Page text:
Over the past five years, Porter’s has become more focused on interior design and the high-end market. Many of the former middle-market furniture sellers have been squeezed out of business because so many customers are buying low-end furniture made in China, Micah Waters said.

“There’s been a huge exodus in the last five years,” he said. “The big box (stores) is where nearly all of it is coming from – what we call disposable furniture. The middle market has been most affected. On the high-end, it’s become even more of a specialty item.”

Market woes

Porter’s has about 50 employees now. Neither Waters would disclose the store’s sales or revenues, but they said the high-end furniture industry has slumped in recent years.

High-end furniture retailers such as Porter’s did not benefit much from the booming housing market of the past 10 years, because many home buyers did not buy furniture to match those homes, Micah Waters said.

“The furniture industry across the country experienced a downturn with the housing boom,” he said. “People bought as much house as they could and they didn’t figure in the extra 15 to 20 percent for furnishings.”

As a result, many people bought cheaper, foreign-made furniture that only lasts for a few years, he said. And with the downturn in new home sales and increased home foreclosures this year, the furniture industry believes there will be additional softening before strong sales return.

“We still see a couple of more years for it,” Micah Waters said. “There is a shift in that marketplace, but we’re only a year into that swing. I see a couple more mild years for the industry.”

Promising future

However, Porter’s isn’t sitting by idly. It’s making efforts to bring new people into its store, who might not have thought they could afford to shop at Porter’s.

“It’s my job to find new groups of people to bring into the store,” Kinney said. “We want to build the next generation of buyers, and we will cater to the person who will do research before they come here.”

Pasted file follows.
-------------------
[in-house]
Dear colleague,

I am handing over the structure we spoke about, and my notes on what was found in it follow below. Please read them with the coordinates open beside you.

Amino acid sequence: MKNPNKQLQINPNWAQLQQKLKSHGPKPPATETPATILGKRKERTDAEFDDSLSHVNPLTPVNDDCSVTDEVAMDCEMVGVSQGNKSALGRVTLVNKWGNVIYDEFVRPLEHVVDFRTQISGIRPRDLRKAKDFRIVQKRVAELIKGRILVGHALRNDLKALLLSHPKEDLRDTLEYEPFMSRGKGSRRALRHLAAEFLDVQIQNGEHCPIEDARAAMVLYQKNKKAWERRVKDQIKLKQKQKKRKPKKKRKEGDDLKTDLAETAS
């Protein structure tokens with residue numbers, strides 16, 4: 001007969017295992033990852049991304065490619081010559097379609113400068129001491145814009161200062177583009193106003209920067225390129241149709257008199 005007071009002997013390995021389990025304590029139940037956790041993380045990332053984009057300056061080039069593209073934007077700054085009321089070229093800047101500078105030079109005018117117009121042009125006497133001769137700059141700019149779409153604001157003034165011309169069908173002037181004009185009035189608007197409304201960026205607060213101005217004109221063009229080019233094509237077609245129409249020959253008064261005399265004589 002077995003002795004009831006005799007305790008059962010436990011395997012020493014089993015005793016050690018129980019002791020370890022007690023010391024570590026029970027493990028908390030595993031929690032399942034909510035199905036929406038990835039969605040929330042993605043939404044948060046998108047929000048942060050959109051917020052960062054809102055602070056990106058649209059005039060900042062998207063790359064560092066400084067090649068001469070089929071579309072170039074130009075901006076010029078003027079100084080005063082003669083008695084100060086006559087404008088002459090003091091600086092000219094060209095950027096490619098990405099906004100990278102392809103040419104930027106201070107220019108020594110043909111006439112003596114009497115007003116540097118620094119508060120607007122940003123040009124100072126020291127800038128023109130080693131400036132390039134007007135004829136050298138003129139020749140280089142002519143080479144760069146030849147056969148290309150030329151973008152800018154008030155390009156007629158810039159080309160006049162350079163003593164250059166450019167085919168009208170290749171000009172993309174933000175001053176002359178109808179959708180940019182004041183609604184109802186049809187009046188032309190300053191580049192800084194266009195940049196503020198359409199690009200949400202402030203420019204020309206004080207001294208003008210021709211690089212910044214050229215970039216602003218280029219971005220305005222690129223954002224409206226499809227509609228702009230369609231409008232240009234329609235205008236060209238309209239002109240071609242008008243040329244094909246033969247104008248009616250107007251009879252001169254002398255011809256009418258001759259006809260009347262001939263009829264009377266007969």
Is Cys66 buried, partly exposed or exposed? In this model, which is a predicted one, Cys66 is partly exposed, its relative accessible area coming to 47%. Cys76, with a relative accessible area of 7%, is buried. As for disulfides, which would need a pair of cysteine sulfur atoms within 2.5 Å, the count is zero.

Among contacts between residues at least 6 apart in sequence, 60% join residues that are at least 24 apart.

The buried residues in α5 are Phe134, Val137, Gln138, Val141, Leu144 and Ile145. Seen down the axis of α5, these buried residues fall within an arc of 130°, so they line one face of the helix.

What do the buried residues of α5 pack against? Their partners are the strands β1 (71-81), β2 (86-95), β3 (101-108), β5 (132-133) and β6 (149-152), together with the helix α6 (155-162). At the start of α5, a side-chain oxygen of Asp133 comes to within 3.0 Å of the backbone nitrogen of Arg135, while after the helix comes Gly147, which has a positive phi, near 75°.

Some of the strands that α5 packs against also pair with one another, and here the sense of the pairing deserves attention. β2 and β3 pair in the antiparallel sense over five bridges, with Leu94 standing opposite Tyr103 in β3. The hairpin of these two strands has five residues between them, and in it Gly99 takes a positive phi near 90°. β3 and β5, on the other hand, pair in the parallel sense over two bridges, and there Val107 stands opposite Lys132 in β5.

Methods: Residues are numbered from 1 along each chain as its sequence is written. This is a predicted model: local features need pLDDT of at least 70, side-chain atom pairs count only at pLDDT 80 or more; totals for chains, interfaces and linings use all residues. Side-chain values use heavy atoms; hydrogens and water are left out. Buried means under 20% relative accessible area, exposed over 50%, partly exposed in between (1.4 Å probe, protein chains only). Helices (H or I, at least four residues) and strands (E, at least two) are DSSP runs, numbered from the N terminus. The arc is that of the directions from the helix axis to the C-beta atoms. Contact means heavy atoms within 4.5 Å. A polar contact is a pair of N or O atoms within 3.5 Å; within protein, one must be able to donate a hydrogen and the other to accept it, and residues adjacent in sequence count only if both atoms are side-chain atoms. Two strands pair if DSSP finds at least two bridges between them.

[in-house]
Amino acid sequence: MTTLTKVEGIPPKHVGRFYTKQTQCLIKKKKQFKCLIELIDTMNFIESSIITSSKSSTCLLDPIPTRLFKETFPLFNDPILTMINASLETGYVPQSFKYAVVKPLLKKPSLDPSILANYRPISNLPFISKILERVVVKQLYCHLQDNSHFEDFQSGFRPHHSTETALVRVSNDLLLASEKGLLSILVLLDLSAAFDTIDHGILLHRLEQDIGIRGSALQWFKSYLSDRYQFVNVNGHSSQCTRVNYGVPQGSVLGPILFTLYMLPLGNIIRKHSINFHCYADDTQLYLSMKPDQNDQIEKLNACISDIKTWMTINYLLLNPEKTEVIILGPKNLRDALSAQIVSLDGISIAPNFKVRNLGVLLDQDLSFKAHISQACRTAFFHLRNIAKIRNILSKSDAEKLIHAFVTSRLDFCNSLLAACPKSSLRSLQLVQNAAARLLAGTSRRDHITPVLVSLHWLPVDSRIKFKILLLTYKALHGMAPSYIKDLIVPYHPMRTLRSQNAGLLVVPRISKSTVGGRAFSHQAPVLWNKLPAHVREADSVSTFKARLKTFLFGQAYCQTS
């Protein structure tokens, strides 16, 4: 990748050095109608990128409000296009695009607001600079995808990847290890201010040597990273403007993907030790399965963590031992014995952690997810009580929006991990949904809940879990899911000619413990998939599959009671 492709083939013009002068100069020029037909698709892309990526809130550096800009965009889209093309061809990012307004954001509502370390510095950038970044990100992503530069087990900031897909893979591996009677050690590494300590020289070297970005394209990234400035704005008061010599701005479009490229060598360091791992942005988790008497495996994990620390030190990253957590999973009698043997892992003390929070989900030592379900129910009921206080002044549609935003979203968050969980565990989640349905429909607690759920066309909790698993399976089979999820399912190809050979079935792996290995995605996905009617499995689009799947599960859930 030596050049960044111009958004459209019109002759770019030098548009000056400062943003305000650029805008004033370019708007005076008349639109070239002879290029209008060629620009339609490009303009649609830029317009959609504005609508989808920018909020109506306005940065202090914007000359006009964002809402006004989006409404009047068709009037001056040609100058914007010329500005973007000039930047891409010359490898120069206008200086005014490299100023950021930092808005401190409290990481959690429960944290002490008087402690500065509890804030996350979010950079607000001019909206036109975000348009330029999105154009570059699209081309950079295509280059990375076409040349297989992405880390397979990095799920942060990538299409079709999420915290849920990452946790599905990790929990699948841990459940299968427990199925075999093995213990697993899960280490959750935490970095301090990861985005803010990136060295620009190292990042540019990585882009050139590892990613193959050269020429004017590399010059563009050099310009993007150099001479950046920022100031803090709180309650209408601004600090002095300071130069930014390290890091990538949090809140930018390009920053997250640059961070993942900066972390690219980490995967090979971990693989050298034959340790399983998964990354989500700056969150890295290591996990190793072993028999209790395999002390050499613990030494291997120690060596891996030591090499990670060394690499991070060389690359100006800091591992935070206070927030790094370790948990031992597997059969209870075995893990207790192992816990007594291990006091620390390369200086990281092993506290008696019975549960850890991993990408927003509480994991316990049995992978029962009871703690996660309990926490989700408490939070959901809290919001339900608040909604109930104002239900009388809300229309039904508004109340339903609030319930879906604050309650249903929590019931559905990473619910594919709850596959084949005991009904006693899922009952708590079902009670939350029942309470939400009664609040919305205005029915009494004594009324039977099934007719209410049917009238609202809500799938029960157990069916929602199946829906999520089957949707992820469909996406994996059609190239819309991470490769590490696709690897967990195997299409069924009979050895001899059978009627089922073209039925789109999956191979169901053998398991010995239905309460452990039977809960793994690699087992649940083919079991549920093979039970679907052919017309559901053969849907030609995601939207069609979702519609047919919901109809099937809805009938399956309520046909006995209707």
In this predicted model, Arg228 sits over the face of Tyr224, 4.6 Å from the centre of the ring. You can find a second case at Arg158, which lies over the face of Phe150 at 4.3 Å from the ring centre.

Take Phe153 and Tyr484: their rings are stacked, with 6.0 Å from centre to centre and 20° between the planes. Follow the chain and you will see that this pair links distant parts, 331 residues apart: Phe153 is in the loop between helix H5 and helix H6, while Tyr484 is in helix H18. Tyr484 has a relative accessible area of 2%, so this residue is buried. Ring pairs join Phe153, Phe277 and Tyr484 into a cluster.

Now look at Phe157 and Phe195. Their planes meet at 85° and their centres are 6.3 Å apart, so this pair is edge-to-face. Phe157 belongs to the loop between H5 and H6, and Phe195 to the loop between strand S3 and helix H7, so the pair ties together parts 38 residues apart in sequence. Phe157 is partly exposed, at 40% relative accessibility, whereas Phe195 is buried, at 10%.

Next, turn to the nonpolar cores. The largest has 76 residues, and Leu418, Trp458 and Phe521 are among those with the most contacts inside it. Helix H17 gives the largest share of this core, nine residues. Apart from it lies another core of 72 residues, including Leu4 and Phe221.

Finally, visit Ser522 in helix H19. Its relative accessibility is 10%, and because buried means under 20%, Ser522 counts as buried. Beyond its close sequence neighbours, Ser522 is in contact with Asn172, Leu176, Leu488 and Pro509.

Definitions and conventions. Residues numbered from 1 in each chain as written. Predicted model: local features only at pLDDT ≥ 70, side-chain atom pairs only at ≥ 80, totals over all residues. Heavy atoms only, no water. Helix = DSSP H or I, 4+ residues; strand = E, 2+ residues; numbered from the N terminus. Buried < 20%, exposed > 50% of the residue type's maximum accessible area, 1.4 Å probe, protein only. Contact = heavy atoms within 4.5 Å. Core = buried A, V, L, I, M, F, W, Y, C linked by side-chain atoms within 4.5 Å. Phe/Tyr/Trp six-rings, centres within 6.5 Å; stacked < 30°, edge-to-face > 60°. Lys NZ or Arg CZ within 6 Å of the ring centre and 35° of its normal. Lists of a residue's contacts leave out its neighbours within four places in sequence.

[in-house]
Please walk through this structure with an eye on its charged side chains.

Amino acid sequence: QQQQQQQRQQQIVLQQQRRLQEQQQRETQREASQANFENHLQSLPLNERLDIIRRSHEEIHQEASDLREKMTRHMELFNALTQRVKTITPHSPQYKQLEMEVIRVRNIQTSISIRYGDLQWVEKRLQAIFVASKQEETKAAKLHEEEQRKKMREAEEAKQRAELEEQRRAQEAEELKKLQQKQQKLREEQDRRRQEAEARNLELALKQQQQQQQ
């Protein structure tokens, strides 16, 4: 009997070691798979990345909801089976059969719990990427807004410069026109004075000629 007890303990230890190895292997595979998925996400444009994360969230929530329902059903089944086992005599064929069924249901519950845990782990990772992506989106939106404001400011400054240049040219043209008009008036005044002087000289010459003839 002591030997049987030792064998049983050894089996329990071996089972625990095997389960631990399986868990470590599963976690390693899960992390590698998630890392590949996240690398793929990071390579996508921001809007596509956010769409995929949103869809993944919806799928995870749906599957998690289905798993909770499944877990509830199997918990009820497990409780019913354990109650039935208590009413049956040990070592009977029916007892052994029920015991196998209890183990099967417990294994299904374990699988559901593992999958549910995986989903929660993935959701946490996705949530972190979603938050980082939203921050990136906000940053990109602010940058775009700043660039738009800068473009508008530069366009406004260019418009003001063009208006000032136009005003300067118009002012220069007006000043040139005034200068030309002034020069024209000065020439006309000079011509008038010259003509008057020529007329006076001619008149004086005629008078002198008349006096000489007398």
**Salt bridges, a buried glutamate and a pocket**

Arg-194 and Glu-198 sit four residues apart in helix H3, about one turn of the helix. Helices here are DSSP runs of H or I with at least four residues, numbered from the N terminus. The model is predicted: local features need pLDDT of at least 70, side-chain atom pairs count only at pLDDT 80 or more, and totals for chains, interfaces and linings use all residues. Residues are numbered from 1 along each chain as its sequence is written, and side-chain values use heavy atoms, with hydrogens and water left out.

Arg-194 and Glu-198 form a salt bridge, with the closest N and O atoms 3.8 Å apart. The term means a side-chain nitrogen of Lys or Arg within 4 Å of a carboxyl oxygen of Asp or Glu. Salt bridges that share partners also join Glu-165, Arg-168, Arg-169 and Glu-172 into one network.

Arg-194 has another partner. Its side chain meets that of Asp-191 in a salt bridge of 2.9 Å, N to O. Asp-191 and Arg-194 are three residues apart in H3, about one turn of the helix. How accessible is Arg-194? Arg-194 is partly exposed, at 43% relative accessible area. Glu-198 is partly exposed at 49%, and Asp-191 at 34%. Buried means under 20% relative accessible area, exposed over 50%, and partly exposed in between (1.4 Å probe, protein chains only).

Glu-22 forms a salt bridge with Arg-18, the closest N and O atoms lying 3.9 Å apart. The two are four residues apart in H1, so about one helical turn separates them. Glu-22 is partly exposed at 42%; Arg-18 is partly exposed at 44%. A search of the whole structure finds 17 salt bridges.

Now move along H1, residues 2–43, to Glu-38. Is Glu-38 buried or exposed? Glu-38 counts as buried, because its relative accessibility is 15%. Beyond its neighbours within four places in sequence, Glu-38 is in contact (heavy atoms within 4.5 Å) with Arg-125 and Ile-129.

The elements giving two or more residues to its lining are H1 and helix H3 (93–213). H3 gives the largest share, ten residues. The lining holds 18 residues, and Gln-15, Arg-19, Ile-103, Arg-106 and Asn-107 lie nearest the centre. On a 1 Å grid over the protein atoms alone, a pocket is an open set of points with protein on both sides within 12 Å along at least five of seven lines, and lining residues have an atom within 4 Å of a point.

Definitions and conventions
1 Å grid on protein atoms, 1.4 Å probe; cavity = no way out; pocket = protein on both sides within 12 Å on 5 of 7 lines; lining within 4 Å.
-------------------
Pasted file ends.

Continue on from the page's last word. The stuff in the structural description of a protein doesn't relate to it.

Last week, Porter’s unveiled a redesigned Web site, www.PortersofRacine.com, to help attract more visitors to the store, Kinney said. The revised site aims to reach younger shoppers who might not have been to the store before.

“We do have a reputation for being expensive and exclusive,” she said. “But we are also in an era when people spend $3,000 on handbags and (buy expensive) shoes and coffee. While we haven’t necessarily reduced our quality or the prestige of what we sell, there are a lot more potential buyers based on how they’ve raised their own buying bar. A lot of our furniture is quite affordable, especially when you figure in the long-term durability.”

The new Web site is aimed directly at sophisticated shoppers, Kinney said.

“That customer also does an intense amount of research before they set foot into a store,” she said. “They go to design sites, furniture sites and Consumer Reports. They walk in with their checkbook and a whole lot of knowledge.”

Porter’s also has expanded its home office and executive office offerings, Bob Waters said. The store previously carried home office furnishings, but it has significantly increased products and expanded into the executive office market, he said.

“This is for the person who wants to turn their dining room into a home office,” Bob Waters said. “Porter’s is for both the home and executive office. We can outfit both.”

Porter’s has dealt with slow markets before, but its approach has been different.

During World War II, the high-end furniture market slowed because of restrictions on materials. The market also suffered during the 1950s, when many families had young children and bought more affordable furniture.

At those times, Porter’s carried high-end options, but also sold more affordable furniture.

“In the 1940s and 50s, Porter’s was more of a medium local store,” Bob Waters said. “They took what they could get. There was the war, and most stuff was taken over by the government. And after the end of the war, it was easier to make things cheap than make them good.”

Porter’s future success depends on what it’s done for decades – selling the highest-quality furniture and offering interior design services that people will travel for, Bob Waters said.

“Everything is changing, and nothing is changing,” he said. “We’re still in the furniture business. There’s nothing we can do but be competitive and offer the best in market (products and services).”

 
Porter’s of Racine

Address: 301 Sixth St., Racine
Employees: 50
web site: www.PortersofRacine.com
Other locations: Porter’s operates two Furniture Clearance Centers at 3701 Durand Ave. (Hwy 11) in Racine and 8901 W. North Ave. in Wauwatosa.